To the editor:
Ada Louis Huxtable died on Jan. 7, 2013. In 1963, she began writing architectural criticism for the New York Times, and later won the first Pulitzer Prize for Art Criticism. She was an advocate and aesthetic educator communicating views on public policy, technology, and politics.
Huxtable believed that the prime consideration in architecture should be how it makes people who use it feel. Architectural critic Edward Lifson remarked that her analysis was “never about the developer, or the theory or new heights, or innovation for innovation’s sake. It was about how [architecture] improves the user. Is this fair, is this just? She compared it to an ideal: Is this the best project that could be on this site? Or is it good enough for us? Is this how we should be remembered? Or are we being sold down the river?”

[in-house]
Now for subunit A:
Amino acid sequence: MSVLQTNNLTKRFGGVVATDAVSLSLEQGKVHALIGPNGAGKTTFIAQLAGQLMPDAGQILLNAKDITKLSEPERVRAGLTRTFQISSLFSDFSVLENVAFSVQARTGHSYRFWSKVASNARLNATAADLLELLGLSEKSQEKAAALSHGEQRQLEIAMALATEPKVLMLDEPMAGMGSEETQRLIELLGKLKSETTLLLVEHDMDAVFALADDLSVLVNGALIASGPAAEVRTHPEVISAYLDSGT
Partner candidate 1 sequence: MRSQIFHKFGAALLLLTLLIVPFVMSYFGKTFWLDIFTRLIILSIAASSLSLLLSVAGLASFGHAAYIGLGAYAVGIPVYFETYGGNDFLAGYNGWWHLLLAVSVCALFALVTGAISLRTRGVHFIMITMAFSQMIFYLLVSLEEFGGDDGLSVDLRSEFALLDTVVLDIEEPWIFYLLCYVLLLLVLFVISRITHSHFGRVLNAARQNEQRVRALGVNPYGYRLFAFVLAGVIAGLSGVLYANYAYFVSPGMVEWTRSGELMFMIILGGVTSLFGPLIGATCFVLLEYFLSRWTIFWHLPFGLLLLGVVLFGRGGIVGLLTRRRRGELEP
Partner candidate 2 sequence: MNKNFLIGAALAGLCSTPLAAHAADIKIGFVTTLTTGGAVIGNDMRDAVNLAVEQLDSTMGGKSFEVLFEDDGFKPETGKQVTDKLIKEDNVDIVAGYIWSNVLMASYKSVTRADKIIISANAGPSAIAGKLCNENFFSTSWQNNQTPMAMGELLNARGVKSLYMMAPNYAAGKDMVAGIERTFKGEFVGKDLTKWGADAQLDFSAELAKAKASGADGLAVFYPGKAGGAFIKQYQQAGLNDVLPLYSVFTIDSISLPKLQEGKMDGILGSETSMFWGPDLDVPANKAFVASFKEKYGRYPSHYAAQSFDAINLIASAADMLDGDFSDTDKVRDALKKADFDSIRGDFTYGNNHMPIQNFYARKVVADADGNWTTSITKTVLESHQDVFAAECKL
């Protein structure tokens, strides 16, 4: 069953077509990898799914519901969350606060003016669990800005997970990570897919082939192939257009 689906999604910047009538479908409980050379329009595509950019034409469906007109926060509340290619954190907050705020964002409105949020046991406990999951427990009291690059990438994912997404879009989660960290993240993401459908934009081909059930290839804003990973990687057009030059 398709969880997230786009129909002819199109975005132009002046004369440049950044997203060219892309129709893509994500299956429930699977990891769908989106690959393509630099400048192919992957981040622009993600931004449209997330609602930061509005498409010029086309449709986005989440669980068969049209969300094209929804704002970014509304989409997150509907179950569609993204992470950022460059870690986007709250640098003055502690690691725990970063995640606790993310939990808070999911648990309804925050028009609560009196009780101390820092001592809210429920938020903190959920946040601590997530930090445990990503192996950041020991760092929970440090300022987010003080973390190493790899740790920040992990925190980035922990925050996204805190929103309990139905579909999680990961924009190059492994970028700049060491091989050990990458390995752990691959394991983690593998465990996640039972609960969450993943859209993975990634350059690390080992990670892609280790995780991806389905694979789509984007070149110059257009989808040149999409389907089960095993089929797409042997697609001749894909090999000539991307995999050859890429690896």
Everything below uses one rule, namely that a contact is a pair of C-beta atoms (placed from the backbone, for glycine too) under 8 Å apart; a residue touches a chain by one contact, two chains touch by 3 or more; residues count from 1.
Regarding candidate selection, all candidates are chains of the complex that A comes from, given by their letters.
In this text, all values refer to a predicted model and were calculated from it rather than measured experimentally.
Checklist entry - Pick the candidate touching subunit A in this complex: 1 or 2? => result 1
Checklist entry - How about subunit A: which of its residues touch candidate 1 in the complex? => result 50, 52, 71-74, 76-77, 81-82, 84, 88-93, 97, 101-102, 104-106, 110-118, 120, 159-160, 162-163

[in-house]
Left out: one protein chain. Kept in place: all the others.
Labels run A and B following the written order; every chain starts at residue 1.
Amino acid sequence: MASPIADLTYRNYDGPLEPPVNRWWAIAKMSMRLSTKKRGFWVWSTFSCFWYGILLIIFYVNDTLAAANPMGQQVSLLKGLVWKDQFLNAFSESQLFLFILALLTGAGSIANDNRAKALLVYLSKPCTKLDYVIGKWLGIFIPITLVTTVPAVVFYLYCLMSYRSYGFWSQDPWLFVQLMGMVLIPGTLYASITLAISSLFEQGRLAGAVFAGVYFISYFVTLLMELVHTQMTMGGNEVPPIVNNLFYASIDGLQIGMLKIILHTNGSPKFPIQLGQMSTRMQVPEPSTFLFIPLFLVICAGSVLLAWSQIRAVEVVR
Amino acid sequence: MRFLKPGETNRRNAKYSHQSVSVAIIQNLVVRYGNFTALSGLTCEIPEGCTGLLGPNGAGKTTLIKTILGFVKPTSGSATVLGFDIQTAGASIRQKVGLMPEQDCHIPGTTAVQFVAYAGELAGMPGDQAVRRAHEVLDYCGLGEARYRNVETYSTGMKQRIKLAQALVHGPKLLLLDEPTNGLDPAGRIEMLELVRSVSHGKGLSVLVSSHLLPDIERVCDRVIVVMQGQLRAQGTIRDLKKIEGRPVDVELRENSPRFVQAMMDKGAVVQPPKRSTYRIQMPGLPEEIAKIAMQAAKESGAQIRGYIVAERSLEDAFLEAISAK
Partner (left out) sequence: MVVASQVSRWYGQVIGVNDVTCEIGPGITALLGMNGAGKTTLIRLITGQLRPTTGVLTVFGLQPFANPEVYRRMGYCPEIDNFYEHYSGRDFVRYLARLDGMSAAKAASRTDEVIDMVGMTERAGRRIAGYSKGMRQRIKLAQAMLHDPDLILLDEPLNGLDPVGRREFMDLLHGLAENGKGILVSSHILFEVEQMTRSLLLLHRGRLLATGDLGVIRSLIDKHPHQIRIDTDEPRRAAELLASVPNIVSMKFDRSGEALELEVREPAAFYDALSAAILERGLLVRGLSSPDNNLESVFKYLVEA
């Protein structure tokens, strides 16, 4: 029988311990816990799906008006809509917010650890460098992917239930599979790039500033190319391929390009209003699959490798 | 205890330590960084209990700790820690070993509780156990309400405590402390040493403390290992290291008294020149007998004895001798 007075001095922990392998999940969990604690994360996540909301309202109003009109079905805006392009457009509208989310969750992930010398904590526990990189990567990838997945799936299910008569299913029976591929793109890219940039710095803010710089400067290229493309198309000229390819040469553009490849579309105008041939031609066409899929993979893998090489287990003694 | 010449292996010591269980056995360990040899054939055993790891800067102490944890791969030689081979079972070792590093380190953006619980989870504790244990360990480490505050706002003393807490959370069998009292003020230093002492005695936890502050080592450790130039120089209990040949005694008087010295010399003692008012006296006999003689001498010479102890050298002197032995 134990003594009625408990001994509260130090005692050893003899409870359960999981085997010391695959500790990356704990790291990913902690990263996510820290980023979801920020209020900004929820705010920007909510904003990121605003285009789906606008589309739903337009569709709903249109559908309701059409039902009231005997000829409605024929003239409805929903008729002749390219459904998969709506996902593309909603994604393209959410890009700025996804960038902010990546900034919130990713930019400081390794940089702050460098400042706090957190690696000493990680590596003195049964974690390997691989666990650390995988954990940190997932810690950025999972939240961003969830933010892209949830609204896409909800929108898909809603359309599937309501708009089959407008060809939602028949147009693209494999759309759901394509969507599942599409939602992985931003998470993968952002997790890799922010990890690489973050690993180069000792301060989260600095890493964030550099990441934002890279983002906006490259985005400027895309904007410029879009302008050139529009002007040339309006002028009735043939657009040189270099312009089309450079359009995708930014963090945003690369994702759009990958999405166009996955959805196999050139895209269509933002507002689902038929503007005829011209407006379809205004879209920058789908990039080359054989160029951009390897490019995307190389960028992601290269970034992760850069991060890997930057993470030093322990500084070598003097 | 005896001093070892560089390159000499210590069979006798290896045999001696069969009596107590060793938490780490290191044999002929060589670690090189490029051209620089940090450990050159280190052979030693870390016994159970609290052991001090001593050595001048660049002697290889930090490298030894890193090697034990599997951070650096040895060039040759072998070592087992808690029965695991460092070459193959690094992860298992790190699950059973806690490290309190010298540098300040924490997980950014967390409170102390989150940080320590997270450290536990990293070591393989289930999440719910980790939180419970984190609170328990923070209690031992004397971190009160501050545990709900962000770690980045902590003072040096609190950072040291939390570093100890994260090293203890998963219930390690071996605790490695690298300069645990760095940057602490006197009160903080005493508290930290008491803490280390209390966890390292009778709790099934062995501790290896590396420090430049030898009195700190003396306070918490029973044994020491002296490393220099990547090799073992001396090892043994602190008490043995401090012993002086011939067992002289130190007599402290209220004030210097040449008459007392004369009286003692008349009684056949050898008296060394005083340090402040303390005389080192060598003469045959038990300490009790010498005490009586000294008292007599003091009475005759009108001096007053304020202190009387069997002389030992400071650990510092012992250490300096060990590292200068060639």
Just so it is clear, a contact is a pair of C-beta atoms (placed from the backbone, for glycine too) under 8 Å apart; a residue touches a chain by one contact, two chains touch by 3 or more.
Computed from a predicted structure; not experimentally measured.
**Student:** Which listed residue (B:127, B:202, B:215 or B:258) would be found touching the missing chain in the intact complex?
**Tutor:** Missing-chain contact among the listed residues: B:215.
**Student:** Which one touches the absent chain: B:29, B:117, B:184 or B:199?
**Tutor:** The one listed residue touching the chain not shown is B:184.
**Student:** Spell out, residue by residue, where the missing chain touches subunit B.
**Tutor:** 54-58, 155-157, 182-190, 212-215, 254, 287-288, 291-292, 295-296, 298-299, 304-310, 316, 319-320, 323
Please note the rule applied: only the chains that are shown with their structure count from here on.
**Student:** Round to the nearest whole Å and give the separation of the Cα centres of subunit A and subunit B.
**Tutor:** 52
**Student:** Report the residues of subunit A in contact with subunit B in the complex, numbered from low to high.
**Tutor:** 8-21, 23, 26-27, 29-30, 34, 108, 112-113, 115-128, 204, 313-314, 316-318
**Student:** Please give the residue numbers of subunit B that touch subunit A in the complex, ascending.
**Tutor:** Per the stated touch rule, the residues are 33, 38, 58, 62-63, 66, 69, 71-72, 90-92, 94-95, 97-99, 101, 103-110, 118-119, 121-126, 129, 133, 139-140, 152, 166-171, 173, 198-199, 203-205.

In the 1950s and ‘60s, a period enthralled by “heroic corporate modernism,” Huxtable emphasized the potential in modernism for the “deathlessly ordinary.” In 1963, she railed against demolition of the Pennsylvania Railroad Station, “monument to the lost art of magnificent construction” to erect Madison Square Garden, a “giant pizza stand.” Then, historic preservation was viewed as a fringe concept impeding progress. Development was embraced as serving the public good. Skeptical of dogma, Huxtable challenged developers’ attitude of entitlement. She was an impassioned voice of countervailing opinion.
In 1965, she said that “blind mutilation in the name of urban renewal” was too dominant a force, and she worked to create for New York City the Landmarks Preservation Commission. Over the years, the commission saved many building including the Art Deco treasure, Radio City Music Hall. In 1968, she wrote that “what preservation is really about is the retention and active relationship of the buildings of the past to the community’s functioning present.” She urged us to consider what constitutes sustainable design. Her writing opened readers to meditations on how we live and what legacy we want to leave.